There is something about the air in Panauti that makes you calmer, makes you want to sit by the edge of the river near the temple and lets you breathe in the fresh air that you almost miss every second in Kathmandu. I went there just recently and it is a pity that I missed this experience until this stage of my life. I went there, sat by the river, walked on the temple square and listened to the old man who spoke continuously about his old tales. He did not care if anyone listened to him or not, he himself found his stories interesting. So did I.
One Saturday morning and we decided to head towards the south-east of Kathmandu, roughly 36 km. it took us 1 hour and 15 minutes to reach there in our private motorbike. The last 30 minutes was a bumpy ride due to road construction but it is temporary. If you wish to get a public vehicle you can see this link.
Religiously this place has a great value. One of the old residents of the community (Machhenarayan Shrestha) explained that there are more temples here than in Kashi of India so it makes this place religiously important but according to ancient myths if one cannot see mountain (Kailash) view from the holy place it has lesser value. The northern hills which block the view of the mountains still provide the panoramic view towards the town and it also contains herbaceous trees.
One more religiously important factor is the merging of three rivers (Triveni). This is considered to be most auspicious for a pilgrimage. Though one can see two rivers very easily, the third one is hidden. According to myth, Lord Shiva made Ganga flow through this place invisibly so that it became sacred.
Panauti is predominantly a Newari town like most of the towns around Kathmandu and it also celebrates festivals every year like those of Kathmandu with some more unique ones like Panauti Jatra. The chariots of gods and goddesses are taken around the town through the defined alleys. This is one of the most interesting parts of Newari festivals (Jatra). The veins of the street played a major role in defining the town’s form and circulation pattern. These routes and their axes are still identifiable today. The smaller veins lead one towards the bigger street and courtyards and finally towards the central or main open space dominated mostly by temples and palaces, in case of Panauti, by temples.
I started with the ghat (edge of a holy river which is used by devotees for taking bath and prayers as well as for cremation) on the northern part of the town. When I was there, I saw three different cremation spots separated for 3 different castes. On the other side of the river, women were washing their clothes and carpets as it had abundant water directed from Khokana. There on the square, one could witness the history with some of the oldest and unique temples. The small Ram Sita temple was claimed to be the oldest by one of the local residents. A sattal (two stories open rest house) on the west has unique paintings that tell stories of different eras of different Hindu gods. These artistic elements need serious preservation as the paintings are fading away and the building is also at a very critical stage.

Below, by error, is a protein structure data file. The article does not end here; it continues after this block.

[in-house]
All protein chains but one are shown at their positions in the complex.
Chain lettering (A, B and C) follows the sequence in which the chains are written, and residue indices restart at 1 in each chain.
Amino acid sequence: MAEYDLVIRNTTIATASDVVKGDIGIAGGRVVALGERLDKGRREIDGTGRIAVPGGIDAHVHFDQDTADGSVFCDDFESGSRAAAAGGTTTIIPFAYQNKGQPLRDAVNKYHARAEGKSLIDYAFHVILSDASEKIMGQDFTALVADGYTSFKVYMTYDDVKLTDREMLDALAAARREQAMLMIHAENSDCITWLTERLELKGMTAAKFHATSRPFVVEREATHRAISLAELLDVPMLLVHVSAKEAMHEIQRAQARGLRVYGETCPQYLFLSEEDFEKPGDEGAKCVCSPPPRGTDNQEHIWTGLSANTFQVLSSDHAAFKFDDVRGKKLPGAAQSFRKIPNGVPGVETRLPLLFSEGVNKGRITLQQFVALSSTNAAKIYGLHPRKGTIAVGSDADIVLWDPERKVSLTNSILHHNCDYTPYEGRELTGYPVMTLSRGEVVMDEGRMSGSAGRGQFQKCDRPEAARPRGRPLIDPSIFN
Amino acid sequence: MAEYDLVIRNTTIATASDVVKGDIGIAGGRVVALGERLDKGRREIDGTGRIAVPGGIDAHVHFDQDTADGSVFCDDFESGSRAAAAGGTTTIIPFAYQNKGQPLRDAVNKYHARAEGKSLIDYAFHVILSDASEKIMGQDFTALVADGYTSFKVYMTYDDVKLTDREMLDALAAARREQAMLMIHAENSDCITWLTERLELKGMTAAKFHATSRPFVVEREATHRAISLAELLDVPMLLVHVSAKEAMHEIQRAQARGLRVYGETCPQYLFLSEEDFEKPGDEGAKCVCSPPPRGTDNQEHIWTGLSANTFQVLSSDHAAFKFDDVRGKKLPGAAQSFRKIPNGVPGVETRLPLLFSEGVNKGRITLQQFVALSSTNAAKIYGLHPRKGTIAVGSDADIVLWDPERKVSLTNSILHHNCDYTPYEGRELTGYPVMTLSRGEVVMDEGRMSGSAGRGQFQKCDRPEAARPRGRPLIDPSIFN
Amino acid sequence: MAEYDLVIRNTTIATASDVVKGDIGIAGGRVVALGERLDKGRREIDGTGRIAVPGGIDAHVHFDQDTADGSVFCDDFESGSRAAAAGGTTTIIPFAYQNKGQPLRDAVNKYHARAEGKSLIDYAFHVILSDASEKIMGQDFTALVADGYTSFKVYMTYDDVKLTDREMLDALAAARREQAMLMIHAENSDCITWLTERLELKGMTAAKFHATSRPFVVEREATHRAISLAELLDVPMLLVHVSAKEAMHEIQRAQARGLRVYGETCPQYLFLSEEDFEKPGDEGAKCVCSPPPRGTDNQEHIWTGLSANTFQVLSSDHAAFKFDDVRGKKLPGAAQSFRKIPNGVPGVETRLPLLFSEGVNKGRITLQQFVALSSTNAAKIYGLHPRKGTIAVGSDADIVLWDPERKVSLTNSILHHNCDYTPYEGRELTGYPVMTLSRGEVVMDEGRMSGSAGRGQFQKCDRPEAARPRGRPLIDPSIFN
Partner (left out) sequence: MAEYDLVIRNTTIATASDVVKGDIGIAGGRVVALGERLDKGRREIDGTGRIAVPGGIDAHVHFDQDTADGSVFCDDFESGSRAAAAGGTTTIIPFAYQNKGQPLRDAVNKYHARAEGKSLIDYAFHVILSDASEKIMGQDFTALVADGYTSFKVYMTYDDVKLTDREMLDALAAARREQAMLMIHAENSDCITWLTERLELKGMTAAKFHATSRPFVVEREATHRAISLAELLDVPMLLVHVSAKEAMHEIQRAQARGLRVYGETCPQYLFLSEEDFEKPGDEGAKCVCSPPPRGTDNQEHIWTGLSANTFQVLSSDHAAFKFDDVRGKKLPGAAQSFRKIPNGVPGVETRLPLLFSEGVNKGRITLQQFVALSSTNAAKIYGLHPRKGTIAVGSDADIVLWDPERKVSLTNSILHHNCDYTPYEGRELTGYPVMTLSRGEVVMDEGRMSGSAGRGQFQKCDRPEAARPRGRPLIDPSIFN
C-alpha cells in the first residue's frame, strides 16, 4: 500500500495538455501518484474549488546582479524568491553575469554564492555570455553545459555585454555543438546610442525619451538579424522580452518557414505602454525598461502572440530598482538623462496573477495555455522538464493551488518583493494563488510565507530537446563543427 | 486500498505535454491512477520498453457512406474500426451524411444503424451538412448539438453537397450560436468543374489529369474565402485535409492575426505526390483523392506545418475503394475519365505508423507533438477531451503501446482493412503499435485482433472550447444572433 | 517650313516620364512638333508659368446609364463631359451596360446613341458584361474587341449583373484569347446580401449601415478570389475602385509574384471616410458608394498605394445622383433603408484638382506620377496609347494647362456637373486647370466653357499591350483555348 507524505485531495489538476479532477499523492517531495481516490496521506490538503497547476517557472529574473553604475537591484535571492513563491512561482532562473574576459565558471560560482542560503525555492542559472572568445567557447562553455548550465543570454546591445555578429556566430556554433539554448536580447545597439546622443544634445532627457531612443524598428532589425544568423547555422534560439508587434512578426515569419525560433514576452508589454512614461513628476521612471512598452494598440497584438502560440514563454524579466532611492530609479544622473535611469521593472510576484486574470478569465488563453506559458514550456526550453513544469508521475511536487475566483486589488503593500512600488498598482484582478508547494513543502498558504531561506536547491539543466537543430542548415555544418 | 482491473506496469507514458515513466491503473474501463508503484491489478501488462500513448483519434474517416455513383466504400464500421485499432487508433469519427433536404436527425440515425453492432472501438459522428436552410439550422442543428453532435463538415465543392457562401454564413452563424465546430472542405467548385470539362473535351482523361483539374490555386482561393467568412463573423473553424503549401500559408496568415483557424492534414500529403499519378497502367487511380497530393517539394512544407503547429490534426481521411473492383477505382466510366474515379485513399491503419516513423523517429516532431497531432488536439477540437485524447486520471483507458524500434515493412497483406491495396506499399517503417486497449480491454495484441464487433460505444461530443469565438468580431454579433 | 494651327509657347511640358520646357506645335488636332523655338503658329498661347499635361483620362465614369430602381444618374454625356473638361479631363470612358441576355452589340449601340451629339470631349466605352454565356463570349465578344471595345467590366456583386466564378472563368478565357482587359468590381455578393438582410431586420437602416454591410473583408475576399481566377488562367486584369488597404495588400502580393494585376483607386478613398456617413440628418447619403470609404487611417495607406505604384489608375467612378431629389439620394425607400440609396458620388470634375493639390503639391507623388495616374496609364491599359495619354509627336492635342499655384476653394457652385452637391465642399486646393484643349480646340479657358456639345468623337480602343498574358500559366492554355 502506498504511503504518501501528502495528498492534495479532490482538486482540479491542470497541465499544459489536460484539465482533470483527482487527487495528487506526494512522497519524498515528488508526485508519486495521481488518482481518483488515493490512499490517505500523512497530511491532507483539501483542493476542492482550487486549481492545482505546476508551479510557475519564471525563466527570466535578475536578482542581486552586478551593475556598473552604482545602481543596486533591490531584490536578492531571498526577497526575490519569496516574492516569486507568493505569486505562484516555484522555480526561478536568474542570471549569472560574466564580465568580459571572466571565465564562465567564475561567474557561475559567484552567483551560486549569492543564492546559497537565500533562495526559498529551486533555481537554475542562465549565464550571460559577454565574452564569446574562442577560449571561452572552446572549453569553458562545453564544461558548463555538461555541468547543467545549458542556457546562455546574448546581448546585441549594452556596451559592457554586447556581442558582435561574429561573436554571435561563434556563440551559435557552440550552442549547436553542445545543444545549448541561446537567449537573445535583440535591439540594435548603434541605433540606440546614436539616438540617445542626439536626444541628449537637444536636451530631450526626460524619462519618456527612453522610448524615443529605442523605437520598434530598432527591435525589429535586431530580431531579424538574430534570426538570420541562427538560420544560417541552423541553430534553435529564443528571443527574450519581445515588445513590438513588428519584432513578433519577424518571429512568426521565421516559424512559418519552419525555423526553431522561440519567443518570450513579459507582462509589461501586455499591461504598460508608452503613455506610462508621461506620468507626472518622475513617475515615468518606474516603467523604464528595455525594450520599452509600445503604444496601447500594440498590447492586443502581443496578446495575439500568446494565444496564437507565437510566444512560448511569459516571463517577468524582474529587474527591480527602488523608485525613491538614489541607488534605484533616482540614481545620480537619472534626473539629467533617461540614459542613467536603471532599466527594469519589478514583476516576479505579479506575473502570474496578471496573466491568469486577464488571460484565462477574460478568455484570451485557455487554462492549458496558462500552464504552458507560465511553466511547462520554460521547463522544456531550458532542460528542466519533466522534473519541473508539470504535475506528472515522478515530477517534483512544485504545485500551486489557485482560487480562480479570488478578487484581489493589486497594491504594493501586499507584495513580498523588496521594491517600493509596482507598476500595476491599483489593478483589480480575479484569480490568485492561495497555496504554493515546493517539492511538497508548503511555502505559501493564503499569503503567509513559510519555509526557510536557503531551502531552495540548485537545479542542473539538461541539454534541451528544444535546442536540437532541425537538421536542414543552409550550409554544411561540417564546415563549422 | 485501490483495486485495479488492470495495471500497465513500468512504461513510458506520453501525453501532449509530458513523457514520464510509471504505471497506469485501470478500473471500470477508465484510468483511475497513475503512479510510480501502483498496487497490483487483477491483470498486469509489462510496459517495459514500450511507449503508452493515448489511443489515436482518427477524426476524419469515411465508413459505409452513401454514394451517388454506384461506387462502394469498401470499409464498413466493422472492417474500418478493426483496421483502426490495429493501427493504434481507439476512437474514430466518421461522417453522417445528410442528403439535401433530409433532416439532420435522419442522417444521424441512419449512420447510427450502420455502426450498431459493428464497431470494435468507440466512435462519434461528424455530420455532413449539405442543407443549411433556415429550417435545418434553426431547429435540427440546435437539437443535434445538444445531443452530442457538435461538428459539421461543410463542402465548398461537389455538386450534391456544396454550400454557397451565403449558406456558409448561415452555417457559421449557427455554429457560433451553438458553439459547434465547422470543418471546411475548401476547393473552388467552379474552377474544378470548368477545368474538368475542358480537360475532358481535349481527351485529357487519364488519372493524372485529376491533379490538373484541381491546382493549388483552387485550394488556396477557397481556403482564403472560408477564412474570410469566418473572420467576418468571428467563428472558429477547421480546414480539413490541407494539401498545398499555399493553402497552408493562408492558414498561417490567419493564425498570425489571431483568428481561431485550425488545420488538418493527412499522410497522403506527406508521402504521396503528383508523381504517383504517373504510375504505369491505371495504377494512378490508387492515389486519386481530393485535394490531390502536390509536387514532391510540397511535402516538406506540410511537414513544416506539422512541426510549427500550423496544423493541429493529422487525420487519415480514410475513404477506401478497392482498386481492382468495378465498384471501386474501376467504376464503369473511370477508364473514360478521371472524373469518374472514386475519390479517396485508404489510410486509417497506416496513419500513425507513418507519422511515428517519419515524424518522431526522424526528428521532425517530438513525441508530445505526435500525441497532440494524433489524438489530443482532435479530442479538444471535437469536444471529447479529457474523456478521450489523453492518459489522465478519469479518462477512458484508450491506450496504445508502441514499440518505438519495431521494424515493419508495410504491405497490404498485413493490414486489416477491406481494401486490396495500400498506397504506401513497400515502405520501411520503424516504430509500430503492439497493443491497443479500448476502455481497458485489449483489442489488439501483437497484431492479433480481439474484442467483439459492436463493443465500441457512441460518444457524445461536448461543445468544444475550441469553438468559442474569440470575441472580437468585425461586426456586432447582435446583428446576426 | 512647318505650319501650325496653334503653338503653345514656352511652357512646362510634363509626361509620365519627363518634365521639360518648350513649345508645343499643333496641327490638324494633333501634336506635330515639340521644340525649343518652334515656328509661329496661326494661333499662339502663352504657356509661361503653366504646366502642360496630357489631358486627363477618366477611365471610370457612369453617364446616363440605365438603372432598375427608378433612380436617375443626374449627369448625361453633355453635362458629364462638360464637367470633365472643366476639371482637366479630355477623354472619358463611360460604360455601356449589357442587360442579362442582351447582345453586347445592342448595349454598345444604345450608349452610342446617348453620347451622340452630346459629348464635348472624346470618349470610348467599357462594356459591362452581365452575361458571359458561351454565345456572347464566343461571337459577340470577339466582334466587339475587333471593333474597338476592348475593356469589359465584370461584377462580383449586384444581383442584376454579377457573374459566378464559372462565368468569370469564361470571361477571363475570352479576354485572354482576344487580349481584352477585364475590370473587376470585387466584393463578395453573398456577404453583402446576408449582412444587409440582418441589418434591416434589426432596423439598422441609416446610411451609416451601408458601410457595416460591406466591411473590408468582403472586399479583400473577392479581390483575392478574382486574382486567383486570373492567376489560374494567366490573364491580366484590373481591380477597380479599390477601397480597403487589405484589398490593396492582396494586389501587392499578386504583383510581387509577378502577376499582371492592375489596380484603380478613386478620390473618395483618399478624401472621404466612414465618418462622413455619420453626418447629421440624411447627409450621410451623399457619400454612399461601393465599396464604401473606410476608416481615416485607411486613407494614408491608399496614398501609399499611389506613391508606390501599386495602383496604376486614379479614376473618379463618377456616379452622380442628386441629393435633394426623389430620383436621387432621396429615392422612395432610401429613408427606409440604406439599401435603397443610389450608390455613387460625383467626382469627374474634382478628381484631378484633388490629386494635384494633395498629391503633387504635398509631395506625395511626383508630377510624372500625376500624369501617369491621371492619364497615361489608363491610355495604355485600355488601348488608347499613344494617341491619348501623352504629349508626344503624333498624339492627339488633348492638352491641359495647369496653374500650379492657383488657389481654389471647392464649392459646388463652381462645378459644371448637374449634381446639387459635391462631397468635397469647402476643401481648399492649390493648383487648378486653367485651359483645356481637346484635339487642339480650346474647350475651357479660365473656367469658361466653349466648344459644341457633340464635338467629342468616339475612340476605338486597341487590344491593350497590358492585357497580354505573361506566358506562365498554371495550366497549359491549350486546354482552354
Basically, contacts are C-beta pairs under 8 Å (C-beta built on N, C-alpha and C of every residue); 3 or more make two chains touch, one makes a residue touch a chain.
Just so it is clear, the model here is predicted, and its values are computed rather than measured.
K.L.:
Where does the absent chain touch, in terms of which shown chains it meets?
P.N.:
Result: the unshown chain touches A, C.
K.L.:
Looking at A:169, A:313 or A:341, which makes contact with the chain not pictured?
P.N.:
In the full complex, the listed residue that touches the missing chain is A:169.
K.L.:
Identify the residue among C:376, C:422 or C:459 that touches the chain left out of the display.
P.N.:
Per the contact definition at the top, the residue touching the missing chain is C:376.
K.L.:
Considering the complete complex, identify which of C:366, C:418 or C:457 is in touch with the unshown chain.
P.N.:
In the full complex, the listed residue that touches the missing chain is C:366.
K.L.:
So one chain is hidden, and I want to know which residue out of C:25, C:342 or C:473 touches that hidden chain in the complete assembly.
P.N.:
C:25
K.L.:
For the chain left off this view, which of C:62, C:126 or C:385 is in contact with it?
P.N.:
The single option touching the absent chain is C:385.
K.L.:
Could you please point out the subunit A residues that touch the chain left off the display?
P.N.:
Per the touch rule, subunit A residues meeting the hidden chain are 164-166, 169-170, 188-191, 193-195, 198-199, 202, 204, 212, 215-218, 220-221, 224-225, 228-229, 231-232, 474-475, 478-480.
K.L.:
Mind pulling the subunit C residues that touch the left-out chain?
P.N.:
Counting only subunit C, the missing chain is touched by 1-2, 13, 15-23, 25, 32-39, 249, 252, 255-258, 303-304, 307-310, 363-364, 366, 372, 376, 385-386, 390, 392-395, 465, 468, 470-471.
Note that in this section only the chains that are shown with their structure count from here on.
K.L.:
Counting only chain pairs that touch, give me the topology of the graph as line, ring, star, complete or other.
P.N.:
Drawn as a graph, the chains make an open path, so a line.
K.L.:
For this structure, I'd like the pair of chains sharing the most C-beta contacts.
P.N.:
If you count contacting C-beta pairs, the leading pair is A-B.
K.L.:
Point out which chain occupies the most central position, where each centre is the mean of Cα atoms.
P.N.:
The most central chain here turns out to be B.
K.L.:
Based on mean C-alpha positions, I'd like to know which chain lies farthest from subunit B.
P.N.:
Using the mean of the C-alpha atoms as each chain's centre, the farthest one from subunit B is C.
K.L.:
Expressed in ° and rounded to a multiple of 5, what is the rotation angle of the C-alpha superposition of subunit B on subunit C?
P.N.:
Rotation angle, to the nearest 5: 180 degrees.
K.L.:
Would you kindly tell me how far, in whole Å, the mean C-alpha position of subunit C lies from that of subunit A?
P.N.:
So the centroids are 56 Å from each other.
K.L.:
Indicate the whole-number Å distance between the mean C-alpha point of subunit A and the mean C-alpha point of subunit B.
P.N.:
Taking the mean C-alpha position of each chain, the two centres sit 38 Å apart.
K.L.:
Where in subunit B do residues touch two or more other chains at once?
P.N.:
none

Newar communities have been known for communal living with common open spaces for interaction and social functions. Due to rapid urbanisation, these activities have been lessened in these small towns. So was the case for Panauti. Basically, their major profession was agriculture but many youths nowadays have chosen other professions in the cities and hence, the vibrant open spaces during the day are almost empty with few old people drying their grains and smoking hukkas (shisha) in the house front. Amazingly there are many sattals and patis (one storey open resthouse), but mostly they are empty during the day, hopefully, they are occupied during weekends and evenings. Westernisation is the major event that is taking place in our societies and merging all cultures together. This is very important for growth and equality. But we must not forget that each culture has its own identity and uniqueness and that should not be homogenised otherwise we will not have any stories to share to our next generation like the man was doing sitting in the sattal of Ram Mandir.
Moving towards the old entrance of the town is dominated by the big temple square which proudly houses the Indreshwar Temple. It is one of the largest pagoda style temples in Nepal, which dates back to 1294 CE. It is also the oldest surviving Newar-style temples in Nepal. When you enter the huge square through its narrow gate, you see the extravagance. To see a temple in a small town like Panauti which is taller than Nyatapola of Bhaktapur was an experience in itself. The courtyard is surrounded by other temples and a museum.
With many festivals, sattals and streets and courtyards, this town still reflects the vibrancy of old Newari towns. Though it’s an agricultural town, like any other Newari town, arts and artefacts present here to add more intricacy to its uniqueness. Like in any other historical towns in the Kathmandu Valley, Panauti is also at its peak for preservation. As long as the spirit is there, we can still save existence.